SHANGHAI/SINGAPORE, June 12 (Reuters) - A spike in Chinese bond yields in an economy battered by the coronavirus pandemic is stirring expectations authorities want to stifle risky financial bets and guide cheap funding provided by banks into the real economy.
Money market and bond yields climbed this week to their highest levels in months, triggered in large part by a People’s Bank of China (PBOC) decision to refrain from further lowering the cost of its short-term loans to banks.
Yields on benchmark one-year government bonds have jumped to 2.09%, their highest levels since mid-March and up more than 85 basis points in a month. Repo and swap rates have also climbed.
The central bank proposed buying back loans from banks to help spur lending to small businesses, a sector of economic concern for China’s leaders, which pointed to the authority taking more direct action to achieve its aims.
“The central bank’s new tool emphasises its directness, aiming to lead fast growth in credit expansion at small and micro enterprises. And such expectations were the main reason causing selloffs in the bond market,” said Ming Ming, head of fixed income research at CITIC Securities in Beijing.
Analysts think the PBOC moves are aimed at discouraging investors from using billions of yuan of stimulus money for arbitrage trades or to take on excess debt.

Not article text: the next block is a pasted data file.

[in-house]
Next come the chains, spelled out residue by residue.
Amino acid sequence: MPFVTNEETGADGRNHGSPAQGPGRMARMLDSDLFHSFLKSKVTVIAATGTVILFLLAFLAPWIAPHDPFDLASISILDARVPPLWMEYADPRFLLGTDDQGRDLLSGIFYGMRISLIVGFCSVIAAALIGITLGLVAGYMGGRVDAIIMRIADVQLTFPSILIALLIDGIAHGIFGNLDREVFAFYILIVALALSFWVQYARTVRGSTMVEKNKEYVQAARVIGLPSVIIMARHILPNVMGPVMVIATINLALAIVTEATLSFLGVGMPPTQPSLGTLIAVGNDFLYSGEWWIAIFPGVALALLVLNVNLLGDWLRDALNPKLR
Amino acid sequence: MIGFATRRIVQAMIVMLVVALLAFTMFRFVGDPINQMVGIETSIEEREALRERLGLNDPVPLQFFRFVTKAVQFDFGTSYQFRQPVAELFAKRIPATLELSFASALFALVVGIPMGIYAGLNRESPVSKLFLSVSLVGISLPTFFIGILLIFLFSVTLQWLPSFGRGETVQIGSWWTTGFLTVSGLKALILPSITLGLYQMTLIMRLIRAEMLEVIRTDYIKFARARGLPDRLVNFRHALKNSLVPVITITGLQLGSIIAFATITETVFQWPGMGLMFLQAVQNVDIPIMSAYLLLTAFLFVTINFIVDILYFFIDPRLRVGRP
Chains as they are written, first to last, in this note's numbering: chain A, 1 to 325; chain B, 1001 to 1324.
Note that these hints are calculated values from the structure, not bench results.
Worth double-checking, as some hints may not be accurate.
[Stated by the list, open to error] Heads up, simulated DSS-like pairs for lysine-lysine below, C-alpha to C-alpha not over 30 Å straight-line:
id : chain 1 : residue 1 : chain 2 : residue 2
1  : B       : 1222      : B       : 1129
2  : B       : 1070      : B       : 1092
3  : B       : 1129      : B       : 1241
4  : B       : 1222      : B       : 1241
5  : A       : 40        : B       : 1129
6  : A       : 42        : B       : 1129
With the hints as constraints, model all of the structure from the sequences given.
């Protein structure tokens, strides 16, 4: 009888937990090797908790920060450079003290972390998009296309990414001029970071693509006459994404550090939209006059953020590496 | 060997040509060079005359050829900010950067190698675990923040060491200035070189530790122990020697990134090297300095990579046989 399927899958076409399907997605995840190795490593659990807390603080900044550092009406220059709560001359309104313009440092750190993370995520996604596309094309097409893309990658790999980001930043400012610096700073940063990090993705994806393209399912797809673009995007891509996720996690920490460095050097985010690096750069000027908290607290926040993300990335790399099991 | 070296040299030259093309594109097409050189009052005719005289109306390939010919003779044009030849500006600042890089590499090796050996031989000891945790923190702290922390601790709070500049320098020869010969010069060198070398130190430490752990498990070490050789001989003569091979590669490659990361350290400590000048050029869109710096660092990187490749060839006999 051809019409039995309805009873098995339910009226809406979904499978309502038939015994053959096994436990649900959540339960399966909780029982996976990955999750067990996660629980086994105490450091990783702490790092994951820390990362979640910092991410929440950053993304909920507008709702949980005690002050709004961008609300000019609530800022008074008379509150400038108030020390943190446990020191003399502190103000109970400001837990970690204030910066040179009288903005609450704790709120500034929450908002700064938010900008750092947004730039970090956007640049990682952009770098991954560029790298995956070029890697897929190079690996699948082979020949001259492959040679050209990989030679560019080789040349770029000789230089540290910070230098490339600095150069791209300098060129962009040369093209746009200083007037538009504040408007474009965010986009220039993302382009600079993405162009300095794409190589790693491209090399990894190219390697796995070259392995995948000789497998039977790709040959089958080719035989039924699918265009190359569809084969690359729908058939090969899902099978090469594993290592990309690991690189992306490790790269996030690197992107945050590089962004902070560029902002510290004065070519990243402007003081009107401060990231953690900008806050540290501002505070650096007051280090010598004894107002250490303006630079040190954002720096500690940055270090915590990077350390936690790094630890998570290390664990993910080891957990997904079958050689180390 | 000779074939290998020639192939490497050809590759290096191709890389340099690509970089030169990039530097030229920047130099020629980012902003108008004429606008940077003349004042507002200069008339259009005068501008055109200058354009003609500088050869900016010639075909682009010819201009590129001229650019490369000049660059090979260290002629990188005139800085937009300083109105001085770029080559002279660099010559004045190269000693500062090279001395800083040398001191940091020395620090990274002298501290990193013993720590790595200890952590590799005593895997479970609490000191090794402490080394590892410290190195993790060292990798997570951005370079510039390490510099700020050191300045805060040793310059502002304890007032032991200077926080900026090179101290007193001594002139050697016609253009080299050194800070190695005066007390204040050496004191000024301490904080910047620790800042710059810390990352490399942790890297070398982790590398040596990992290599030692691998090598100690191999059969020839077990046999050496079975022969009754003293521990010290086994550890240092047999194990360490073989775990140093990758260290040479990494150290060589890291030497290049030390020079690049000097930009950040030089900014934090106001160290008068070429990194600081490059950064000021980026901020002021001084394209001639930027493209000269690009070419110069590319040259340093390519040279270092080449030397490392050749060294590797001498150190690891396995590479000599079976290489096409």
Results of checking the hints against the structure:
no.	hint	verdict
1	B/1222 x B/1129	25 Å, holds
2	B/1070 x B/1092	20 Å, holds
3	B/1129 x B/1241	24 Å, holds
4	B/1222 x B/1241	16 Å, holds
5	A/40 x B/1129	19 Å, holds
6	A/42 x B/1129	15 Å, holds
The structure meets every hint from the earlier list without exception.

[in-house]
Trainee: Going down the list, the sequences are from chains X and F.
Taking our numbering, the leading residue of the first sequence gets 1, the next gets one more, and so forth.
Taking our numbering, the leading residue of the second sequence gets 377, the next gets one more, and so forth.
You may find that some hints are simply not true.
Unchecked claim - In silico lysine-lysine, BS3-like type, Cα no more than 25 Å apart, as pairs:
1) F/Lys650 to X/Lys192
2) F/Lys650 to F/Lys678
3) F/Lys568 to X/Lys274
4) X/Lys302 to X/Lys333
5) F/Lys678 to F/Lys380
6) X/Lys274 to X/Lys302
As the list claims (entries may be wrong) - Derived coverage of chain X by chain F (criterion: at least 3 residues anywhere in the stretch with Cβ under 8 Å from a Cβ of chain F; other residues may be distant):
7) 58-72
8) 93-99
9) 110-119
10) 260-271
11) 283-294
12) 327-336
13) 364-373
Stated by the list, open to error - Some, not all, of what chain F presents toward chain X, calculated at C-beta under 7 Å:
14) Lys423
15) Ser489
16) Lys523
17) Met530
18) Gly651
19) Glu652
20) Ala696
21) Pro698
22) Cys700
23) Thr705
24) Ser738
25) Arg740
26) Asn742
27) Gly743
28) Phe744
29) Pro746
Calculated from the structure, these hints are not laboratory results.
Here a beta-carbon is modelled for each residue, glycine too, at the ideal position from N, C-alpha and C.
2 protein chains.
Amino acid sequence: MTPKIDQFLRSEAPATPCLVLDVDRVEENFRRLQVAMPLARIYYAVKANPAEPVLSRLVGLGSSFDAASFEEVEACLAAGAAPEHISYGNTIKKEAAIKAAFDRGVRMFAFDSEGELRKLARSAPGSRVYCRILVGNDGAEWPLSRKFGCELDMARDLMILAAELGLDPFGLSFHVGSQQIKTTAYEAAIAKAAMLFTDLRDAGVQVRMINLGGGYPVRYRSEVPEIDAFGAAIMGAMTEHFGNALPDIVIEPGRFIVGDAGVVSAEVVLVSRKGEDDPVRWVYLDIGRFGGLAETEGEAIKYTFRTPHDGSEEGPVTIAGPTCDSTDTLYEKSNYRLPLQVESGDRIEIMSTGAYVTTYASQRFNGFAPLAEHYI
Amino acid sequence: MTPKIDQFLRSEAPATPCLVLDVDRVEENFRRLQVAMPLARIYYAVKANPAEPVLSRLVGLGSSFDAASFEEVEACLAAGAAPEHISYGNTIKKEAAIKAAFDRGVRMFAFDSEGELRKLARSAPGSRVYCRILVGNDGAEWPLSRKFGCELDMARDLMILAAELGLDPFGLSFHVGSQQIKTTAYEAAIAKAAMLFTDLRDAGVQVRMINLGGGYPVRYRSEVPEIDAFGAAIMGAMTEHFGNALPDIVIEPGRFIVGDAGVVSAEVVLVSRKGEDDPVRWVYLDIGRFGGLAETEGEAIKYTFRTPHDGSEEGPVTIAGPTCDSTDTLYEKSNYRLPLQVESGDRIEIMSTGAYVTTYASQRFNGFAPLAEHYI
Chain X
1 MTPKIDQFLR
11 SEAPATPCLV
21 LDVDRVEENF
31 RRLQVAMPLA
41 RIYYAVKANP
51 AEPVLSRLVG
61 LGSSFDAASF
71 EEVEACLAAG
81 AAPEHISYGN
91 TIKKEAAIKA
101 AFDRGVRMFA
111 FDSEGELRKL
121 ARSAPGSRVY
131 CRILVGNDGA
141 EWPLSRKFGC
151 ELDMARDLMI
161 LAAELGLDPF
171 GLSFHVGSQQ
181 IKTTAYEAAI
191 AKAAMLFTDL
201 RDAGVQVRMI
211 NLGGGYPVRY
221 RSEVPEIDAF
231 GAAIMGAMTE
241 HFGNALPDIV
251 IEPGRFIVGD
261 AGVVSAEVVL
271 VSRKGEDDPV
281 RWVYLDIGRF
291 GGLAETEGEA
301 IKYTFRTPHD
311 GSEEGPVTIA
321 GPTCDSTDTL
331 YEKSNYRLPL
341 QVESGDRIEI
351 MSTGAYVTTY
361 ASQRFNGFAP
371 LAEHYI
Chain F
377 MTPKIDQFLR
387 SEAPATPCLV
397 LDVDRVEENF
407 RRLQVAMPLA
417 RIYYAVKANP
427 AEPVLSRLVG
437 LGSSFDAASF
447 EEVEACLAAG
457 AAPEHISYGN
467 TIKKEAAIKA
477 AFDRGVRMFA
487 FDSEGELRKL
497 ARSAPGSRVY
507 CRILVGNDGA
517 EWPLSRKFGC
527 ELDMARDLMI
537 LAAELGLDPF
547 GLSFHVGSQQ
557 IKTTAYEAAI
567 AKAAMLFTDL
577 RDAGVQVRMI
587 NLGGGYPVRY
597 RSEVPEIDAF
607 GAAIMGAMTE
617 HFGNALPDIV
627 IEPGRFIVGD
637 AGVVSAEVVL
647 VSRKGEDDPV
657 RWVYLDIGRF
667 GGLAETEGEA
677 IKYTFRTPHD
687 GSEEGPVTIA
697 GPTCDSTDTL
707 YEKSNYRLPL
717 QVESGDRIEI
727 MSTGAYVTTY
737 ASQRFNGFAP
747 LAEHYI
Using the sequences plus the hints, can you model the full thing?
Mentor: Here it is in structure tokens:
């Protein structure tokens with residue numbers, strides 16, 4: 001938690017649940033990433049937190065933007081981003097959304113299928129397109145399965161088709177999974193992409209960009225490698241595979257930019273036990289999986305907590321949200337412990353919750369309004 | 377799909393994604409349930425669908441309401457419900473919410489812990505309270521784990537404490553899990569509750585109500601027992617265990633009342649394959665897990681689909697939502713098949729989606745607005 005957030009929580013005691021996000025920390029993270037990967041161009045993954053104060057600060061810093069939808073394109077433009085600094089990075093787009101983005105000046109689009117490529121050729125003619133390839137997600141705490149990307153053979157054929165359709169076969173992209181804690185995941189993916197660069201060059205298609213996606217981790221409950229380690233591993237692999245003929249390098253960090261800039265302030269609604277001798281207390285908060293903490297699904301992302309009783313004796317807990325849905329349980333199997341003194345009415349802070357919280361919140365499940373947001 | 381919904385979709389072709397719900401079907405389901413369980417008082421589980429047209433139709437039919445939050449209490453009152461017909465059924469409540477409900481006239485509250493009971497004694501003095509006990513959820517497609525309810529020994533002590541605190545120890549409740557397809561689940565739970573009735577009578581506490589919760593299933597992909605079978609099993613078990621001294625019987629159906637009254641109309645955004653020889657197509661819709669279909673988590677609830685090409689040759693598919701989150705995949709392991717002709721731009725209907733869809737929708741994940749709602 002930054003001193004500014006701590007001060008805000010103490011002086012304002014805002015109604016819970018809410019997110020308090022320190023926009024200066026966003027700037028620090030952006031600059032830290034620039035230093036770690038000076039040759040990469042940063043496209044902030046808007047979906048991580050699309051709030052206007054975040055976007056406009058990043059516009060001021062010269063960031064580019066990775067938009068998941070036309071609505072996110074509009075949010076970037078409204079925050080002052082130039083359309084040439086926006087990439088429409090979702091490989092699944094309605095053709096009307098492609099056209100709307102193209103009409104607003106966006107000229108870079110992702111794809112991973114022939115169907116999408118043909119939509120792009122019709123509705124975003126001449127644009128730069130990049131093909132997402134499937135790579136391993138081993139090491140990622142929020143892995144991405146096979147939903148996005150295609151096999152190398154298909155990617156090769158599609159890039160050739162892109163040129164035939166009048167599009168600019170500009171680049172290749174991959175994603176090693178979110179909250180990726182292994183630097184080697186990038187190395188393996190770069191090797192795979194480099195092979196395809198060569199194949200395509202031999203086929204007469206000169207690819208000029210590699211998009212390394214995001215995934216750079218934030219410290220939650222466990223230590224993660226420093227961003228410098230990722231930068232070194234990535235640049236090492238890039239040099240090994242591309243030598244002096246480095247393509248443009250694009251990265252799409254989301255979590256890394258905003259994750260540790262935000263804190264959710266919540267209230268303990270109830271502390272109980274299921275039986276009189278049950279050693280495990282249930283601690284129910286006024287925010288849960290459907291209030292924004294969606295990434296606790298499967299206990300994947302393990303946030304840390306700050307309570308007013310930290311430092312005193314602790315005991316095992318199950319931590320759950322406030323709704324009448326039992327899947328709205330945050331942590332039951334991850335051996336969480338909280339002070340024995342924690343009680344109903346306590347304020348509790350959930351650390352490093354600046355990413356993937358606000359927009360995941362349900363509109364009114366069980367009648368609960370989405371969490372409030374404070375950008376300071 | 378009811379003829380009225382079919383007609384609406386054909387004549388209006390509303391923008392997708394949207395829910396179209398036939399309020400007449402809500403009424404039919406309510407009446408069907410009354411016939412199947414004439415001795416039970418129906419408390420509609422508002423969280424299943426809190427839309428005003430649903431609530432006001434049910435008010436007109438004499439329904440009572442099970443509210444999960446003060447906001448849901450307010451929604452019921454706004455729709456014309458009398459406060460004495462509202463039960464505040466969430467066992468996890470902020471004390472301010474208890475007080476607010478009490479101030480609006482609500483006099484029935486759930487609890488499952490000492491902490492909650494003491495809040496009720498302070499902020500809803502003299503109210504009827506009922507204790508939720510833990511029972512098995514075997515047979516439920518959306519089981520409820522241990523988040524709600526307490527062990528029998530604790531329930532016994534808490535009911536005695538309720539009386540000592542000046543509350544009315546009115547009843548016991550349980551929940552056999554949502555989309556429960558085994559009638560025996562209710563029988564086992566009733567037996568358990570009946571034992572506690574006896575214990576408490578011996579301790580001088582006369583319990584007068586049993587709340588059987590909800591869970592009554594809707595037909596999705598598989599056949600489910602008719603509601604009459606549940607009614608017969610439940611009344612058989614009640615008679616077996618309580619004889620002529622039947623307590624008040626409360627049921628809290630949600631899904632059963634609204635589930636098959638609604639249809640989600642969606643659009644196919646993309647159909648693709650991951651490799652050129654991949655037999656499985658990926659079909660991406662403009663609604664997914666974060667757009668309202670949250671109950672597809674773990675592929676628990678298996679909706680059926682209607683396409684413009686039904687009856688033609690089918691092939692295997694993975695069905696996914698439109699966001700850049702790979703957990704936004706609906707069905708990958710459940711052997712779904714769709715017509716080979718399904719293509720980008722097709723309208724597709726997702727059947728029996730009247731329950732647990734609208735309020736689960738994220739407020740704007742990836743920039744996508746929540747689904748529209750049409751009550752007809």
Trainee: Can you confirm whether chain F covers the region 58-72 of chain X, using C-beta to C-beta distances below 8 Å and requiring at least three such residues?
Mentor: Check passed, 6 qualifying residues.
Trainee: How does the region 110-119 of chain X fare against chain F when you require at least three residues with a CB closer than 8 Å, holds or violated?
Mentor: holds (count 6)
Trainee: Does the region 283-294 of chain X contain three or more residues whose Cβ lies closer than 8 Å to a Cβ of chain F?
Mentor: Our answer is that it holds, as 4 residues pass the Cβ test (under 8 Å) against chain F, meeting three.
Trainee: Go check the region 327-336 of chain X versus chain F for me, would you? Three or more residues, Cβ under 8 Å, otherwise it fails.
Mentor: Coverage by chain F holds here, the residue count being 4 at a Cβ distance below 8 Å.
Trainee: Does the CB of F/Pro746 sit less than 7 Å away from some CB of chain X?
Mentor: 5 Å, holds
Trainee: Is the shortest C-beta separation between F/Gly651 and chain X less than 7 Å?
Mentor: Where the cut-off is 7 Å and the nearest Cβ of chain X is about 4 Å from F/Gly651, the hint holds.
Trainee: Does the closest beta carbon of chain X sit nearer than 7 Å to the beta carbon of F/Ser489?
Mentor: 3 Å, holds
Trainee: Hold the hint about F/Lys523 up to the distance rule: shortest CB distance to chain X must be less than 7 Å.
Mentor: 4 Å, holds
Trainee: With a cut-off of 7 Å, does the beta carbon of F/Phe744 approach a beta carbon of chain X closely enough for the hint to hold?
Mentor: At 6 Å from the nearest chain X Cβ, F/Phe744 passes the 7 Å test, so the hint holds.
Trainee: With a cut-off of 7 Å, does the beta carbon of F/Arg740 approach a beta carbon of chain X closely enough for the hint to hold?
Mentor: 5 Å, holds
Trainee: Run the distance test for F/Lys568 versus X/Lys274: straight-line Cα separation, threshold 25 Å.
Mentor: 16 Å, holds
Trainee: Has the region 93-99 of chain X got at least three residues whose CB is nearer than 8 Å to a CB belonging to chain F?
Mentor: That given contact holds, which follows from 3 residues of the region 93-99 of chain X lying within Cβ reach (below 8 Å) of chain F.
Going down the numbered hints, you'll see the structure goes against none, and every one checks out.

HSBC analysts noted the central bank had permitted a rise in interest rates, saying “its behavioural shift was likely triggered either by the exchange rate, or financial risks, or both.”
A collapse in long-term yields between January and April suggested traders were purchasing government bonds and a jump in structured deposits at banks pointed to investors using cheap funds to profit off high-yield deposits.
Outstanding structured deposits jumped 26% to 12.14 trillion yuan ($1.72 trillion) in the first four months of 2020 .
“They have been raising front-end rates to essentially try to minimise the opportunity for this arbitrage, and for these carry trades,” said George Efstathopoulos, a portfolio manager at Fidelity Investments.
Tighter cash supply has also helped put a floor under the yuan , which has been weakening on concerns over the growing divisions between Beijing and Washington on issues ranging from the autonomy of Hong Kong to the coronavirus response.
Forward pricing for the yuan against the dollar has risen, making it more expensive to short the yuan, while higher yields on bonds could draw more foreign investors into mainland markets.
“In an indirect way, by having higher rates you are increasing the carry as well, so that definitely would be a supportive environment for the currency even though that might not be the primary tool at this stage,” said Karan Talwar, emerging market fixed income specialist at BNP Paribas Asset Management in Hong Kong.
Reporting by Winni Zhou in Shanghai, Tom Westbrook in Singapore and Swati Pandey in Sydney Editing by Vidya Ranganathan and Neil Fullick